BlueScope Steel: A new habitat for endangered frog species in Australia
The Green and Golden Bell Frog (Litoria aurea) was once one of the most common frogs, found in vast numbers along the east coast of Australia. However, it is now an endangered species.
The construction of a dedicated pond habitat area at the BlueScope Steel Port Kembla facility represents one of the most successful attempts within the Illawarra region to conserve and expand the population of this endangered species.
Two ponds were installed for the frogs at the Port Kembla Steelworks site in 2008. The pond area has helped to increase the population of the Green and Gold Bell Frog by creating a habitat linkage between two existing breeding sites.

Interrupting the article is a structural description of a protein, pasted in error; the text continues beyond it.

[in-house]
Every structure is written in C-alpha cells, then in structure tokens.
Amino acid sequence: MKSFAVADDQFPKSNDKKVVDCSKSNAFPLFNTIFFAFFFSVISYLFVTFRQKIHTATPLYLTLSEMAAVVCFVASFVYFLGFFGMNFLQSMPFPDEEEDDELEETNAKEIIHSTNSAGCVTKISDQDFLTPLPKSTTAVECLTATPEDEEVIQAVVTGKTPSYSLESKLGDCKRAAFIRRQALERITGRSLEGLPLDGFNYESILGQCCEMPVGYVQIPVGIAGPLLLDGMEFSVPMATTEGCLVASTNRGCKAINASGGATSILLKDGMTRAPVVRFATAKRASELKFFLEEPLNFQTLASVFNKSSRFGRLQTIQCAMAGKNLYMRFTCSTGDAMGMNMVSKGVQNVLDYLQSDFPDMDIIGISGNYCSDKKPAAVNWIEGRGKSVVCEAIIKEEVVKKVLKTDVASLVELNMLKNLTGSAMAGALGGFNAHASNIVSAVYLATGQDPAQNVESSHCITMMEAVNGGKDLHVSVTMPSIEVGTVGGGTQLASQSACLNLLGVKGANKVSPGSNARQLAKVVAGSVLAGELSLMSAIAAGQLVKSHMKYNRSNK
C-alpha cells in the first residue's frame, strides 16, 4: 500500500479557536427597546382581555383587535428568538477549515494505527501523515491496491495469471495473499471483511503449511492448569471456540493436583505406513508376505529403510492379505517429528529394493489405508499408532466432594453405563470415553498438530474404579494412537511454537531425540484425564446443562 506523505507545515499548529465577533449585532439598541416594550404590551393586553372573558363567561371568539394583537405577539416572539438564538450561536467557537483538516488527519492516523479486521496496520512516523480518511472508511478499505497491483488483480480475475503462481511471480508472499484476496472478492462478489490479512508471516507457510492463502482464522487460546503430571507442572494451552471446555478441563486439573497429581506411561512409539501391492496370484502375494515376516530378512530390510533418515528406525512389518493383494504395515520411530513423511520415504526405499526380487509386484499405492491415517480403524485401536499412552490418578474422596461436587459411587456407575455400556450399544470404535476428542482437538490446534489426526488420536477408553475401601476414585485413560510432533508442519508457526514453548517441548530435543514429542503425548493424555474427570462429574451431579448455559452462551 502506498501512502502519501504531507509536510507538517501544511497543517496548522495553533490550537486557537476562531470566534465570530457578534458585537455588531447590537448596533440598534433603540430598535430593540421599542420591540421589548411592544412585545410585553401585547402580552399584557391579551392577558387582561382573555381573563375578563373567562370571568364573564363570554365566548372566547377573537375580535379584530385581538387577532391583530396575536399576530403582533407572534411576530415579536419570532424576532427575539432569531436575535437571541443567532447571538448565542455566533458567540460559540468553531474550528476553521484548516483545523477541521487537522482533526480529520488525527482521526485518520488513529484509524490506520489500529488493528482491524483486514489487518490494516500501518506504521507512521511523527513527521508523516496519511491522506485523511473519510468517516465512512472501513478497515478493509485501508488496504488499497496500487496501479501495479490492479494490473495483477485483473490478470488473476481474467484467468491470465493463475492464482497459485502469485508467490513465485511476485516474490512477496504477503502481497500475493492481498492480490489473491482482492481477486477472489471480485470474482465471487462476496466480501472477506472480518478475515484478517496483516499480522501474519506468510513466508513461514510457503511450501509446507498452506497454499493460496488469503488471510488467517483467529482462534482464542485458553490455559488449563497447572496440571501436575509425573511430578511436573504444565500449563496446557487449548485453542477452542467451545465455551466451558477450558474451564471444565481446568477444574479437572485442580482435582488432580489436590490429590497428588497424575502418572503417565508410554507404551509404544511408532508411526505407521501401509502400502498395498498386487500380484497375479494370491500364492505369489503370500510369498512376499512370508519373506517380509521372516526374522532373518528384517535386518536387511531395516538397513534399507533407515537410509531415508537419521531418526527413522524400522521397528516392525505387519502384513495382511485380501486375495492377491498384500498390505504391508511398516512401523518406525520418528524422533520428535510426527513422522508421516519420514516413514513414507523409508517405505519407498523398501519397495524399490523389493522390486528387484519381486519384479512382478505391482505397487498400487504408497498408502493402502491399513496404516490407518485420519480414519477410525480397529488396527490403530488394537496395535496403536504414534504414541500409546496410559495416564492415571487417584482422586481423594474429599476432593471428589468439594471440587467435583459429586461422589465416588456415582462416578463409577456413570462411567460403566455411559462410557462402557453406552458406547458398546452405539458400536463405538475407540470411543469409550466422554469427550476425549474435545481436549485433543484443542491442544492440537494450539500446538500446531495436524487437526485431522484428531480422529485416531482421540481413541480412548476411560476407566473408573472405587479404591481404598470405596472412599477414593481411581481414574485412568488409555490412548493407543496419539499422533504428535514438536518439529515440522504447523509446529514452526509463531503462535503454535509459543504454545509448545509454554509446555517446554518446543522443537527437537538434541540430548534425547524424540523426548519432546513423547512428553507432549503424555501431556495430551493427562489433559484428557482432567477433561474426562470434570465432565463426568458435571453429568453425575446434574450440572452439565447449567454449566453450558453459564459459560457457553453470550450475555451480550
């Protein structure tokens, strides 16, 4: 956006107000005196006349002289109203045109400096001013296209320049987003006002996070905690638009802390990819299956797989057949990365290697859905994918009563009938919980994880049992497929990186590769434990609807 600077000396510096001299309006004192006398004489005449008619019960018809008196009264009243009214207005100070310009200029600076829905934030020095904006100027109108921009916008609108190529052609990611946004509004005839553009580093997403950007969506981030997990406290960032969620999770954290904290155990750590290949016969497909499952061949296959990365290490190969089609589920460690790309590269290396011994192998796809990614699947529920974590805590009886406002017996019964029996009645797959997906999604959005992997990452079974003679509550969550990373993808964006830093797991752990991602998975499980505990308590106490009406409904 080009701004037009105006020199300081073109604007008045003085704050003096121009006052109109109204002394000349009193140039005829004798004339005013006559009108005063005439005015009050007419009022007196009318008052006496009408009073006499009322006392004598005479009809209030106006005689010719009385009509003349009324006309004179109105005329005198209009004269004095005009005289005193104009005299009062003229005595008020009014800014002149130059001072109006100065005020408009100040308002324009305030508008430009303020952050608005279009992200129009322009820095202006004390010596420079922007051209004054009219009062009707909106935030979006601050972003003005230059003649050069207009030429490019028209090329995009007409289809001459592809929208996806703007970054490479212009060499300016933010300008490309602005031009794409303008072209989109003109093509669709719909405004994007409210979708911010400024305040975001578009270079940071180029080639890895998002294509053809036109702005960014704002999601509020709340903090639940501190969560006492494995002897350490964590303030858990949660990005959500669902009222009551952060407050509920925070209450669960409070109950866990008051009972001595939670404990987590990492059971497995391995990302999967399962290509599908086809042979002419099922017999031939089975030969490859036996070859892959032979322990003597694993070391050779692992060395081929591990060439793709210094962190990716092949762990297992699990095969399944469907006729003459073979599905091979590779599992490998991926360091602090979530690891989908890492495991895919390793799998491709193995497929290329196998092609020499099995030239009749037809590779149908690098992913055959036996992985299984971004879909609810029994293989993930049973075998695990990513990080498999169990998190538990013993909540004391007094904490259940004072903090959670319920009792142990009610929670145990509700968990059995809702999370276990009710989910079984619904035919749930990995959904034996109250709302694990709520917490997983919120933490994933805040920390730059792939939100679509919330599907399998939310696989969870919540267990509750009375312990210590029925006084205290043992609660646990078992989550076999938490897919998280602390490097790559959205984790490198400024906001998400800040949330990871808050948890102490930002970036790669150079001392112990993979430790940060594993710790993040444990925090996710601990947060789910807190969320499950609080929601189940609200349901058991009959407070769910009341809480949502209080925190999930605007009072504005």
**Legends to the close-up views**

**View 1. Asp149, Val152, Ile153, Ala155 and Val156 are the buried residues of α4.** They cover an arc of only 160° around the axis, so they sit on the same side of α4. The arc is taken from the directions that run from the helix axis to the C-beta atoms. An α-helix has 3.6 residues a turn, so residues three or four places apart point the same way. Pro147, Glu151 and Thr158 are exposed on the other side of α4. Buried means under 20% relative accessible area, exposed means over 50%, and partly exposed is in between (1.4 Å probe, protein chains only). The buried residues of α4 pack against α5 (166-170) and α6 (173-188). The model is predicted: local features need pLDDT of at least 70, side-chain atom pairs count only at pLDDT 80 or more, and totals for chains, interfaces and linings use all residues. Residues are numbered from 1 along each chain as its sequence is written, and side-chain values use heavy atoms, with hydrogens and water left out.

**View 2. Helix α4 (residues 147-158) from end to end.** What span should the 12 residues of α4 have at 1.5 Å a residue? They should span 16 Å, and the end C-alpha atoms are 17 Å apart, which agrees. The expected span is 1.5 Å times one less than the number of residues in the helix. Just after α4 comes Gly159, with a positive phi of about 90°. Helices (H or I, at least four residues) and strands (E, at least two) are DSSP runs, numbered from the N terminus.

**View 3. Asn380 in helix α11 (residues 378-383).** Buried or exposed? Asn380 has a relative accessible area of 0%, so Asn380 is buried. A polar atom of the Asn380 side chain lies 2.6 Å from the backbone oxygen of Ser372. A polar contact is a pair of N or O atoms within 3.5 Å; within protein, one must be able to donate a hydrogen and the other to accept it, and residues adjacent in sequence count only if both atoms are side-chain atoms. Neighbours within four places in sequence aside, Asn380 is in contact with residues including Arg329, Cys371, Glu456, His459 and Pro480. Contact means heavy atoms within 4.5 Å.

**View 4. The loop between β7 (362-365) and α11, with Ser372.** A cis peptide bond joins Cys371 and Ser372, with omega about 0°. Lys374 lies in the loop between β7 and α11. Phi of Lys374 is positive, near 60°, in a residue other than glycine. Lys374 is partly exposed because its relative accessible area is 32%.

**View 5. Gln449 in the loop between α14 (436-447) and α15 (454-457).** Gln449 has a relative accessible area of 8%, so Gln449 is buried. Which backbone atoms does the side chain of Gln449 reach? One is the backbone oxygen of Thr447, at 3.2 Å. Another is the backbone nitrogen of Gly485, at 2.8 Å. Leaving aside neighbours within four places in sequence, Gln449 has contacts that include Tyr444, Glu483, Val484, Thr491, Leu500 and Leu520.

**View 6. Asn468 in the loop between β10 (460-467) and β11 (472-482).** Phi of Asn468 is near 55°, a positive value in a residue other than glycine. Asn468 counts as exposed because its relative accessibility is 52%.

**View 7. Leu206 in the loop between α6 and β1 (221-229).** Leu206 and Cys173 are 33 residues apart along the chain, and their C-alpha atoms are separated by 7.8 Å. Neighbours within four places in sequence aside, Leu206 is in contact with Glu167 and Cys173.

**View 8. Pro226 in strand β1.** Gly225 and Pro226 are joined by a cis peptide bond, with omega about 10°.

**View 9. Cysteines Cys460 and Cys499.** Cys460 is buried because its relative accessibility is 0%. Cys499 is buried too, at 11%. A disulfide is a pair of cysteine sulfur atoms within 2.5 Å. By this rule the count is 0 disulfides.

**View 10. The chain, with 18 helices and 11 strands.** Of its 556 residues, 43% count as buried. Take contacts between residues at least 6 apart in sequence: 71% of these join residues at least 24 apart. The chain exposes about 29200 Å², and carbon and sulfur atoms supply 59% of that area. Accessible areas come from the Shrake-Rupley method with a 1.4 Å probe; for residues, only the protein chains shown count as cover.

Sustainable design and construction practices were used during the installation of the ponds, to limit the carbon footprint:
- Soil excavated from the area was used as a protective embankment around the ponds;
- Two large rain water tanks were placed, to ensure a continuous supply of water for both ponds and the surrounding indigenous vegetation;
- Granulated slag and old sleepers from the Port Kembla Steelworks’ internal rail network were reused as retaining walls;
- Mulch from discarded wooden pallets and leaf material were used as groundcover; and
- Rocks from the local quarry were used as foundations for the pathways and access routes.
The construction of the habitat has been a success. Two key performance indicators were achieved within a few months of the ponds being installed:
- Unaided colonisation of the pond habitat area by the Green and Gold Bell Frog species; and
- Survival of the tadpoles and successful metamorphosis to the terrestrial phase.
Education, training and awareness programmes ensure that all employees can recognise and respond to sightings to ensure the conservation and preservation of this endangered species.
Last updated: March 2012